By Dimos Kallouppis As our seasons change on Earth, the winds of change blow across Rathe and Aria. We will have plenty of new cards to play with and plenty of exploring to do across Rathe. A new set means a new meta to solve, and new mechanics to learn. Rather than make some bold and certainly wrong predictions about what will be top tier, I want to discuss the mechanical and strategic changes that Tales of Aria brings us. There are a couple small observations I have about design within this set, but the biggest one is how the arsenal has changed. I think that if you are going to a pre-release event, you should give some serious thought to how differently the game will flow. Arsenal management is the most important piece of strategy for a new Flesh and Blood player. Different classes play differently, but they all get the same arsenal. Arsenal strategy is pretty universal (except for the Ranger class): you either arsenal a good combo card, a defense reaction, or a particularly efficient attack. If you put a strong combo piece in arsenal, it waits there until you see the other part of your combo. If you arsenal a defense reaction, it stays there until it is used to stop an important on-hit effect or until you have a combo piece to arsenal. You can also arsenal an efficient, easy-to-play attack as a placeholder, expecting to play it out the second you get a better card to put in there. Games can be lost by putting the wrong card in arsenal. Or by putting the right card in arsenal at the wrong time. But for all the Tales of Aria heroes, arsenal management becomes an entirely separate game. Fusion is the central theme of the set, and it requires revealing a card to buff another card. In a lot of instances, you will likely be Fusing a card and not have an action point leftover to play out the Ice, Earth, or Lighting card that you just revealed. Where is that going to go? Right into your arsenal. Odds are, that card isn’t amazing. Even though there are strong Ice, Earth, or Lighting cards, it is unlikely that the one card that you are revealing to buff your Fusion card is the one card you want to arsenal. There are some important exceptions, such as the Amulets and the non-attack actions that draw a card when played from arsenal. You will want to empty your arsenal nearly every offensive turn you have, or else your turn-ending Fusions will be inefficient. Either you won’t be able to Fuse your card and lose out on the buff, or you end your turn with an extra card in hand only draw three. Because of this arsenal cycling, if you do want to put together a very strong combo, I think the best way to go about it is to pitch all the cards. Holding a combo piece in arsenal for several turns is not an appealing prospect in Aria. Lexi has to do double duty on her arsenal management, dealing with the cards revealed for Fusion that end up there, and cycling her arrows through it. Lucky for her, she directly benefits from both of these through her hero ability and bow. If I end up playing Lexi during a pre-release, I’m going to be extremely cautious of any card that I arsenal that costs any more than one resource or does not have Go Again. Unlike Azalea, she cannot cycle her arsenal for free. Having to take a full turn off to play out a Heaven’s Claws that got stuck there will be a very disappointing turn. Earth has more arsenal interaction than the other two elements, and encourages the cycling of the arsenal to the bottom of the deck. This can be used in some very interesting ways, as a weaker blue arsenal card may be just what you want at the bottom of your deck to pay for that combo you just pitched. Or it can be used as a sneaky Sink Below effect so your opponent doesn’t see what power card they’ll have to deal with at the end of the match. I’ve largely ignored Crown of Seeds for now, even though it has the biggest impact or arsenal usage for Oldhim and Briar, because it’s unlikely to be relevant at pre-releases. Now on to the minor items. If you were only readying to get an edge for your pre-release events, you can probably stop here. We now have typeless damage from Lightning cards. Up until this point, all damage has either been physical or arcane. Those are technically different from loss of life, which can still happen as an on-hit effect, such as from Ode to Wrath or Searing shot. In Tales, this typeless damage exists to help make the on-hit effects of Lightning cards more explosive, as there are now cards that trigger from each source of damage. For example, Briar can trigger three different damage sources by using two cards. Pitching a blue for a Singeing Steelblade is four physical damage, one arcane, and threatening an extra source of typeless damage from Shock Charmers. Not only is that a very annoying split, it also threatens to create Embodiment of Earth tokens for her, bolstering her defence next turn. Today’s other small observation relates to cards being locked behind talents. It is now more muddled as to when and why a card is locked behind a talent. In Monarch, there was a clear distinction between class cards and talent cards. For example, the weapons of the set were not Light- or Shadow-locked unless it directly used a Light or Shadow mechanic. Hexagore and Galaxxi Black both care about cards in Banish, Luminaris and Raydn care about yellow-pitch cards and Soul. The Hatchets, Iris of Reality, Ravenous Meataxe, and Dread Scythe do not interact with those elements and are all only locked to their respective classes. When looking at the Tales weapons, Runeblade got Rosetta Thorn and Duskblade. Both are usable by Viserai and Chane, theoretically because neither interact with Fusion, Earth, Ice, or Lightning. However, both Ranger weapons are locked behind the Elemental talent this set and I have no clue as to why. Neither bow cares about any keyword other than “arrow” and “arsenal”, just like Red Liner and Death Dealer. The only other difference that comes to mind is that the Tales bows are Instants. But Ranger already has an instant in Feign Death. As such, I’m still confused as to why these bows break an established design pattern. I don’t think it’s for balance reasons, because then I would have expected to see Duskblade (most consistently activated by Chane) locked behind the Elemental talent before two bows that may have helped the ailing Azalea.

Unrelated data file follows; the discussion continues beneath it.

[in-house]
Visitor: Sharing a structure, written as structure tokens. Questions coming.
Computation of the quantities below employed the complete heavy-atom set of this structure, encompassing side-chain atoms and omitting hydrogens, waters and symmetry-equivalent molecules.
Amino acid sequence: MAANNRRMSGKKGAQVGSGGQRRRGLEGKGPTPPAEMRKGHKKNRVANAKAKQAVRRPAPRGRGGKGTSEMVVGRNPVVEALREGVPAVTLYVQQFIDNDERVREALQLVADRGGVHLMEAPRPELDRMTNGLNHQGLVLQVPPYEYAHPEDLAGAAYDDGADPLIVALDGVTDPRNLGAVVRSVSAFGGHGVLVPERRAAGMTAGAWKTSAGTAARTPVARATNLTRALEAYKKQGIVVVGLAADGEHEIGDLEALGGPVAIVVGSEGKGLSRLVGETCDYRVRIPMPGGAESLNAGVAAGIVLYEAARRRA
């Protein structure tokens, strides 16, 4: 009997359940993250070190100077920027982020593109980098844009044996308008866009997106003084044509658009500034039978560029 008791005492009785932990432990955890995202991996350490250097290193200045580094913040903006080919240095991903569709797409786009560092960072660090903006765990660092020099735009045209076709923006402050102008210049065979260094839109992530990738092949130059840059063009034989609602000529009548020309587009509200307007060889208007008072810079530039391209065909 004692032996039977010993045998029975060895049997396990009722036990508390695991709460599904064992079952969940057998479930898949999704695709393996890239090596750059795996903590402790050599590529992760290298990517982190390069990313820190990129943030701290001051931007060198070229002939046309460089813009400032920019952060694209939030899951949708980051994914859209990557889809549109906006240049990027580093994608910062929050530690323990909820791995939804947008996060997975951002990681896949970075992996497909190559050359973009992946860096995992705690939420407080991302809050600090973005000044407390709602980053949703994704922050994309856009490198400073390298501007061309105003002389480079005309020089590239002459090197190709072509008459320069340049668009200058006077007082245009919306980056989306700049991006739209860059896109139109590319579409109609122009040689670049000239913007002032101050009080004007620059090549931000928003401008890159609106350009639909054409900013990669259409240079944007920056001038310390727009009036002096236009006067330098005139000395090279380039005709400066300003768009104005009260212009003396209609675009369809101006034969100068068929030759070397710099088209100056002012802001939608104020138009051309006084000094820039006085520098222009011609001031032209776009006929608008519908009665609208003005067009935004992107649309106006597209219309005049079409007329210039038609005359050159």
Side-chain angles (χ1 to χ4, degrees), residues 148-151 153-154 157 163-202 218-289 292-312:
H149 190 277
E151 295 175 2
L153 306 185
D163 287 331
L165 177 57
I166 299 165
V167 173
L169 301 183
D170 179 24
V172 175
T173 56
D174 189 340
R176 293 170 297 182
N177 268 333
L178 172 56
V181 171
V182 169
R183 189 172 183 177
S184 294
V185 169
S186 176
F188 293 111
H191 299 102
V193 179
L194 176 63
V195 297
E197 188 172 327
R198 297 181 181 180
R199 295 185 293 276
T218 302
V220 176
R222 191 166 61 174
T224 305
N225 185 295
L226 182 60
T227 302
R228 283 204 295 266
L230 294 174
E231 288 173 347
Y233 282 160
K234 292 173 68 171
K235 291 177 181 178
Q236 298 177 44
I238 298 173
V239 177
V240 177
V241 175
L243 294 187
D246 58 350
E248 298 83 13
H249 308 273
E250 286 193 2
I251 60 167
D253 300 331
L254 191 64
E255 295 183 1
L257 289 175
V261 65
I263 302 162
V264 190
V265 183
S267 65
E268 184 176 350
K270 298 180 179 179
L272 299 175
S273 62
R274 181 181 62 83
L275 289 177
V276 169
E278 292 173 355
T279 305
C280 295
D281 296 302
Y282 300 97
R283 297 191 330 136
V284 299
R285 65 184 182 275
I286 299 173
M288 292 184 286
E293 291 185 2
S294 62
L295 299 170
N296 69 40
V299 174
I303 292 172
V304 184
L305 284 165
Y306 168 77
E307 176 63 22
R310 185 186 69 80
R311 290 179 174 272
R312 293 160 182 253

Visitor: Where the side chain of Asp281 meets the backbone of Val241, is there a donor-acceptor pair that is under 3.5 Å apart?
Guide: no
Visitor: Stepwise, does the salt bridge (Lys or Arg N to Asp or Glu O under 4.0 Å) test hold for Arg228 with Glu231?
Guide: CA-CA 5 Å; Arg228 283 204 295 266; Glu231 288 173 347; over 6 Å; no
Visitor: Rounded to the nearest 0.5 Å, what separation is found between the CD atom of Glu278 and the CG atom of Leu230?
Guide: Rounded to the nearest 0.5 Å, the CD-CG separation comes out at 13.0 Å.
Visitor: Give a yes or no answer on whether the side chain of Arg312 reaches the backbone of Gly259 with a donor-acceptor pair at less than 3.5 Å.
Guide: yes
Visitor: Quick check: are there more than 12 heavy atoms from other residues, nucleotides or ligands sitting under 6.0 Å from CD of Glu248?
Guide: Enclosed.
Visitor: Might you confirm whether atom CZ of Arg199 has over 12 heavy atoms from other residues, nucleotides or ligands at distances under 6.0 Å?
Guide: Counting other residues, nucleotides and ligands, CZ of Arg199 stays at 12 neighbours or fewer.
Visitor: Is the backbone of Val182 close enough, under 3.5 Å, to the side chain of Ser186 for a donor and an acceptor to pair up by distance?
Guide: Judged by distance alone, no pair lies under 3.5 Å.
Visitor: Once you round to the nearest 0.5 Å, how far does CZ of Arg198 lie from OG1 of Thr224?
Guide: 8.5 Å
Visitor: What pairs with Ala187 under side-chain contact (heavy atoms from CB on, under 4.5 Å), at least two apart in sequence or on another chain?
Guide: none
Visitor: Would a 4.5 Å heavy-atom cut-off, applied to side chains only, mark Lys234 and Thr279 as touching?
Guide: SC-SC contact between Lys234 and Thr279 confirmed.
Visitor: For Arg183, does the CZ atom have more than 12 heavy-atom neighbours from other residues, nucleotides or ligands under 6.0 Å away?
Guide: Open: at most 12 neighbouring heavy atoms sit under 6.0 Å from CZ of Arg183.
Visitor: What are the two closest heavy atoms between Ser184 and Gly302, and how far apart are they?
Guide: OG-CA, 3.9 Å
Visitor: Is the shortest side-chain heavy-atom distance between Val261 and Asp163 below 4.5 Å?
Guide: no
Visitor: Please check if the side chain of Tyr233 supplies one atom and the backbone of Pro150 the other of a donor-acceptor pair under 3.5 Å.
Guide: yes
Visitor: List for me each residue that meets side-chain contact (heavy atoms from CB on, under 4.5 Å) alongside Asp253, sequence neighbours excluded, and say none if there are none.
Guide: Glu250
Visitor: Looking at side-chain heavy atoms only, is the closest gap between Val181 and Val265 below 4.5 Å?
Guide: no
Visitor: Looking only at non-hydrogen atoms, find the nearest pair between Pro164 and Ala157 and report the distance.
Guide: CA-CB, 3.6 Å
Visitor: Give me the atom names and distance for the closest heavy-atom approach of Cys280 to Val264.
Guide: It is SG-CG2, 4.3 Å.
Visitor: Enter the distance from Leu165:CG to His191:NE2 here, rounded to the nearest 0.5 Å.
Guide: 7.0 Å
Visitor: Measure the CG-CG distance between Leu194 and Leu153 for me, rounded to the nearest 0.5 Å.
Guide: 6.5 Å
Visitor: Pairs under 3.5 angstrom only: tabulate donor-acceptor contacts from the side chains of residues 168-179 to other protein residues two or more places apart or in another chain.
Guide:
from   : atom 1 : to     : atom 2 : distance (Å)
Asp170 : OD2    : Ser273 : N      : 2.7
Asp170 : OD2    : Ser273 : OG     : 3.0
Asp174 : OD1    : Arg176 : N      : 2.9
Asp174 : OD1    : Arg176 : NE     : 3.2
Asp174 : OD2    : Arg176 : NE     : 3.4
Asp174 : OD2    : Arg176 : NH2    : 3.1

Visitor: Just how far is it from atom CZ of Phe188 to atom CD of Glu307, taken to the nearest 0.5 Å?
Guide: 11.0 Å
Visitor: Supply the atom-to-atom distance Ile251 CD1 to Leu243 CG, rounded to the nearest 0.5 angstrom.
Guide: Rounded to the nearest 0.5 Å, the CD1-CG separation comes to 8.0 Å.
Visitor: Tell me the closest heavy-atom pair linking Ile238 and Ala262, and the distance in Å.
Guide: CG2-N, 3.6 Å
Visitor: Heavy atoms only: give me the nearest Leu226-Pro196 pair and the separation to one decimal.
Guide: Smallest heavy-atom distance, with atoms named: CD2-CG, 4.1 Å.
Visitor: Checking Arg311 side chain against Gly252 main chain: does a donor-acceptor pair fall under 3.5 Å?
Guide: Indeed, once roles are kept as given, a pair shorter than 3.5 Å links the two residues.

By Dimos A couple months ago, Legend Story Studios revealed their first ever ban list, consisting of a single card name: Drone of Brutality. They laid out some excellent reasoning for doing so. The card was not overwhelmingly powerful, although it was used in some powerful strategies. It was banned because it was out of sync with the rest of the game’s design. The specifically cited tenet in the article is that “Every Card Counts”. Drone of Brutality always stayed in your deck, so it could be used to block or attack indefinitely without running the risk of decking out, and the game’s designers wanted to force meaningful decision-making around either playing or blocking. I was a big fan of this ban because it showed a commitment to a game design philosophy that makes Flesh and Blood the calibre of game that it is. Knowing that every single card that I bring in my 60 card deck matters influences my deck-building significantly. In order for a card to be put into a deck I need it to meet all the criteria of pitch curve, block value, play or attack value, synergy with the other cards in the deck, etc. Unlike other games, deck building in FaB is not “put in an engine and fill out the deck with cards to let you get to the engine faster”. Flesh and Blood is clearly designed with this in its consciousness, as nearly all cards that allow you to search the deck are class-specific and all the good ones are locked to individual heroes (except Belittle/Minnowism, I guess). With all of these excellent design decisions made, and with every card distinctly mattering, why am I still wondering if Every Card Counts? In short, because of Chane’s hero ability. In a game of Chane vs any other hero, Chane can see every card in his deck before his opponent sees half of theirs. This is based on the current very aggressive strategy that nearly all Chanes are running as of today. Assuming Chane makes a Soul Shackle every turn, he will see 60 cards of his deck after eight turns, or 72 cards of his deck after nine turns (excluding the possibility of drawing from Art of War or other played cards). In contrast, the opponent will generally see between 32 and 40 cards in this same timeframe. Once Chane has seen every card in his deck, there are only one or two meaningful turns left in the game as all but four cards will be banished via Soul Shackles. So either Chane wins the game with a big 12-card turn, or he runs out of steam and cards in his deck. With no cards left to banish, Chane is left helpless and the remainder of the match will generally be his opponent repeatedly swinging weapons while Chane cannot block. By this end-game state, Chane has seen every card in his deck, and he has been allowed to complete his game plan and try to accomplish his end-game. Meanwhile, his opponent has seen, at absolute best, 40 cards from their deck. The game will be over one way or another well before any card that Chane’s opponent has pitched will become relevant (pending deck shuffling, which is a rarity outside of Katsu’s hero ability). I have played more than a few games against more than a few Chanes since the release of Monarch, and from the opposing side of the table, I can say that it doesn’t feel to me like Every Card Counts. It feels to me like all of his cards matter, and about half or two-thirds of mine do, because that’s how many cards get seen through the relevant parts of the game. Drone of Brutality was banned because the copies of it didn’t force meaningful game decisions. Playing against Chane, a significant portion of my cards do not force meaningful game decisions once deckbuilding and sideboarding are complete, because I can be confident that I won’t be seeing them all. I acknowledge that deckbuilding and sideboarding are important strategic elements to the game, and are some of my favourite elements, but actually playing the cards onto the table and making meaningful in-game decisions are both arguably more important. Now the discussion of “fun” will come into play, which is very subjective. But I do not think it is a bold claim to say that we play games, including Flesh and Blood, because they are fun and that it is more fun to beat someone than it is to watch them beat themselves. Conceptually, I think Chane is very interesting, but in Classic Constructed practice, I often find games against him to be unsatisfying, win or lose. Perhaps this is magnified by the fact that he is currently overrepresented in the meta. One could make similar complaints about an aggressive Boost Dash strategy, but that never became a meta force and did not force the issue. I also feel that because Boost dash could pivot to a slower end-game if needed, that the games held more variety. I think Chane in Limited formats is great and is a lot of fun to both play against and as. Even in Blitz, I think he is fine. The core difference between Classic Constructed and these smaller-deck formats? Chane gets to see proportionally more of his deck while his opponent sees less of theirs in Classic Constructed. I think that is where the pain point lies. I also want to take a moment to say that although I consider this a hiccup in the otherwise splendid game design of Classic Constructed, that does not take away from the game as a whole. A set of cards has hundreds of variables and countless interactions with all past cards, the fact that there have been so few missteps is very impressive. Just because I think there is a flaw does not mean that I think the game is lacking or the developers are any less great than they were a few months ago.